Let’s take a look. Here we have a table that shows five test scores for a group of students. Let’s create a conditional formatting rule to highlight all test scores over 90 in green. To create a new conditional formatting rule, first select the cells you’d like to format. Then, select an option from the Conditional Formatting menu. When creating a new conditional format, you have two basic choices: you can start with one of the many presets that Excel includes, or you can define a new rule from scratch. In this case, the “Greater Than” preset in the “Highlight Cells Rules” category is a good starting point. Note that as we enter the value and select formatting, Excel creates a live preview of the formatting on the worksheet. Once we click OK, the rule is created and applied to our worksheet. We can test that the rule is working properly by temporarily changing a test score to a value greater than 90. Once a conditional formatting rule has been created, you can access the rule by selecting Manage Rules from the Conditional Formatting menu. If the current selection includes cells that have conditional formatting applied, the rule will appear in the Rules area of the window. If the current selection does not include cells with conditional formatting applied, the list of rules will be empty. In that case, switch the dropdown menu from the top of the window from “Current Selection” to “This worksheet.” We’ll look at how to add more conditional formatting rules to your worksheet in the next lesson.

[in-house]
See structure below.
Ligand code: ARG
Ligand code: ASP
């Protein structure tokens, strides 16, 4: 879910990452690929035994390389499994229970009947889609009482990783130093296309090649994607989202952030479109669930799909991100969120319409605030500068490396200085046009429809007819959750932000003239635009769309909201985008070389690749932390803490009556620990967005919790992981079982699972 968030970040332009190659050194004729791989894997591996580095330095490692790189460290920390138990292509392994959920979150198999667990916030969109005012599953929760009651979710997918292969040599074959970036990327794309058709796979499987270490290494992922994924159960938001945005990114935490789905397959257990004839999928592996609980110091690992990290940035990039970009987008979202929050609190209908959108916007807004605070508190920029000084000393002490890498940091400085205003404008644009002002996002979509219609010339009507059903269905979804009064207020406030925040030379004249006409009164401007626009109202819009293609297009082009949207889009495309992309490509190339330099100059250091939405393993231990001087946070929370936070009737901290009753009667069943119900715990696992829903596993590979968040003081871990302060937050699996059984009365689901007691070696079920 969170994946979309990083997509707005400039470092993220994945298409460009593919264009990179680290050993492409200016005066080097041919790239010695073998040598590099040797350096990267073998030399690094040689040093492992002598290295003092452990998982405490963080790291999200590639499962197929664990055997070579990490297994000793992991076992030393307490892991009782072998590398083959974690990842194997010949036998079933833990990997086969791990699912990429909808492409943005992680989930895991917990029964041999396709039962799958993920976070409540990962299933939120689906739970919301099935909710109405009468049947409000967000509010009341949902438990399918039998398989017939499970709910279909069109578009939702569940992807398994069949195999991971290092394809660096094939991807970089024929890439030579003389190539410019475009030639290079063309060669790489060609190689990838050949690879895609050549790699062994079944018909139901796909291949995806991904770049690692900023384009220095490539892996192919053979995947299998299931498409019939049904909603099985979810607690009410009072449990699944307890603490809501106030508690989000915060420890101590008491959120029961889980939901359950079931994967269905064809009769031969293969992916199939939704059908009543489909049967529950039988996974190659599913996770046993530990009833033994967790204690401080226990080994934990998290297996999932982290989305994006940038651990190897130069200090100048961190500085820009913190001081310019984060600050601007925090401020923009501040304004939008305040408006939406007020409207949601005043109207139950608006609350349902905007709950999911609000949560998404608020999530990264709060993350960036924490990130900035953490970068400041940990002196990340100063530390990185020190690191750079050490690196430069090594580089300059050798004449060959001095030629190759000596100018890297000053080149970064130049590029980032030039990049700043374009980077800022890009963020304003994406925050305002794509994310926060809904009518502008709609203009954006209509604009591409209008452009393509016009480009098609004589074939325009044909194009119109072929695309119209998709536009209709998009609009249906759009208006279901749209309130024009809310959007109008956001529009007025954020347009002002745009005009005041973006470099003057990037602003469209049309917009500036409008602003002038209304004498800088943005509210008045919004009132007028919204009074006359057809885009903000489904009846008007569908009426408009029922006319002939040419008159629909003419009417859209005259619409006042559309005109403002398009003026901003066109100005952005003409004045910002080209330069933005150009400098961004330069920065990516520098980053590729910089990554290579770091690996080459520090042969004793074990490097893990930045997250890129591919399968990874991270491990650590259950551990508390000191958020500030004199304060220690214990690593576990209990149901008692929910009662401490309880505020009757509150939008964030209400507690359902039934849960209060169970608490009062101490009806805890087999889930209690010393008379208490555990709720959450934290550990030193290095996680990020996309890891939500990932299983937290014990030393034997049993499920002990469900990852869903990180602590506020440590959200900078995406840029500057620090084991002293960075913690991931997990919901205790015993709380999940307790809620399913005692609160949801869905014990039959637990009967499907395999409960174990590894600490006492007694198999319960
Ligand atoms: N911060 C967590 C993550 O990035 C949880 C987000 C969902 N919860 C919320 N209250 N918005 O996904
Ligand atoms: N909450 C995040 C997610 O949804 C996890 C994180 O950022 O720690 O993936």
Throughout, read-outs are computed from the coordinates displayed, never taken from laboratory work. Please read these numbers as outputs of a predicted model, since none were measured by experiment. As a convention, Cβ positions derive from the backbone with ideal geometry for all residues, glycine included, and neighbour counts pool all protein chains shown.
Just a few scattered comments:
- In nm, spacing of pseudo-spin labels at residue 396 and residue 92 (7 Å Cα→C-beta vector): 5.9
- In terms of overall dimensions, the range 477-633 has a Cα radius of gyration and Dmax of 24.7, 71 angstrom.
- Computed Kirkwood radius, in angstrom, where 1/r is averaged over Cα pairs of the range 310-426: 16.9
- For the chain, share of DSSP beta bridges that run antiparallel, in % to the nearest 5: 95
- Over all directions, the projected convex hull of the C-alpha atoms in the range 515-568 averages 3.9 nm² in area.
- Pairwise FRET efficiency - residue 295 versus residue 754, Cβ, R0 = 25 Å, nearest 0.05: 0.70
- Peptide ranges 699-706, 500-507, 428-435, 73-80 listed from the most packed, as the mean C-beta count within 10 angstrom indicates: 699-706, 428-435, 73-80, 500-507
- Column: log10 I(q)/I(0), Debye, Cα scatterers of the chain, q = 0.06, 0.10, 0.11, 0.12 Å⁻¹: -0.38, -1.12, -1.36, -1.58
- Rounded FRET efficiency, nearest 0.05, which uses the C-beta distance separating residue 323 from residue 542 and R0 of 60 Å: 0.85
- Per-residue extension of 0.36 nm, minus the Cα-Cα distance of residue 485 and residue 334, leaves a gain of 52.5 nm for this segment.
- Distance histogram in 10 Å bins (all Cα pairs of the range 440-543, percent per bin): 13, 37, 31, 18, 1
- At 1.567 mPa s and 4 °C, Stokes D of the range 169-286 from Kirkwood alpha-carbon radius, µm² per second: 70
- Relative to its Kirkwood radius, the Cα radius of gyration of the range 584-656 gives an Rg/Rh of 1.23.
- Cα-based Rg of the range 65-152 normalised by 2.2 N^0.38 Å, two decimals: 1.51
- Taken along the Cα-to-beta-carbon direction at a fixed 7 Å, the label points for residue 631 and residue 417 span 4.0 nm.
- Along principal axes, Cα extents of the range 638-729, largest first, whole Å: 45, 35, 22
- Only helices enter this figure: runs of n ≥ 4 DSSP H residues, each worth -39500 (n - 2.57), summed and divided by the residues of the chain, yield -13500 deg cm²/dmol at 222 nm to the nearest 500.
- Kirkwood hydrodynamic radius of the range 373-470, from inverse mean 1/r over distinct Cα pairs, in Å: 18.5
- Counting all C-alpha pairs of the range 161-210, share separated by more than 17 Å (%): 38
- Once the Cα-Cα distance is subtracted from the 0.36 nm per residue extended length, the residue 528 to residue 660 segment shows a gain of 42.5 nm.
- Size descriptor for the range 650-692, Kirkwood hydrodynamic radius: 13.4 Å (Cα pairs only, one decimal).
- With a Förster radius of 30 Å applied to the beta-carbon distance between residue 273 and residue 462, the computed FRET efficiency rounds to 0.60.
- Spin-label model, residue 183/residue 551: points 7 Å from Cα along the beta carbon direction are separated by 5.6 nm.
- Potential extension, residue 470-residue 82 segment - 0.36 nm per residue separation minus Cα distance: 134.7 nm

Dave Bruns

Hi - I’m Dave Bruns, and I run Exceljet with my wife, Lisa. Our goal is to help you work faster in Excel. We create short videos, and clear examples of formulas, functions, pivot tables, conditional formatting, and charts.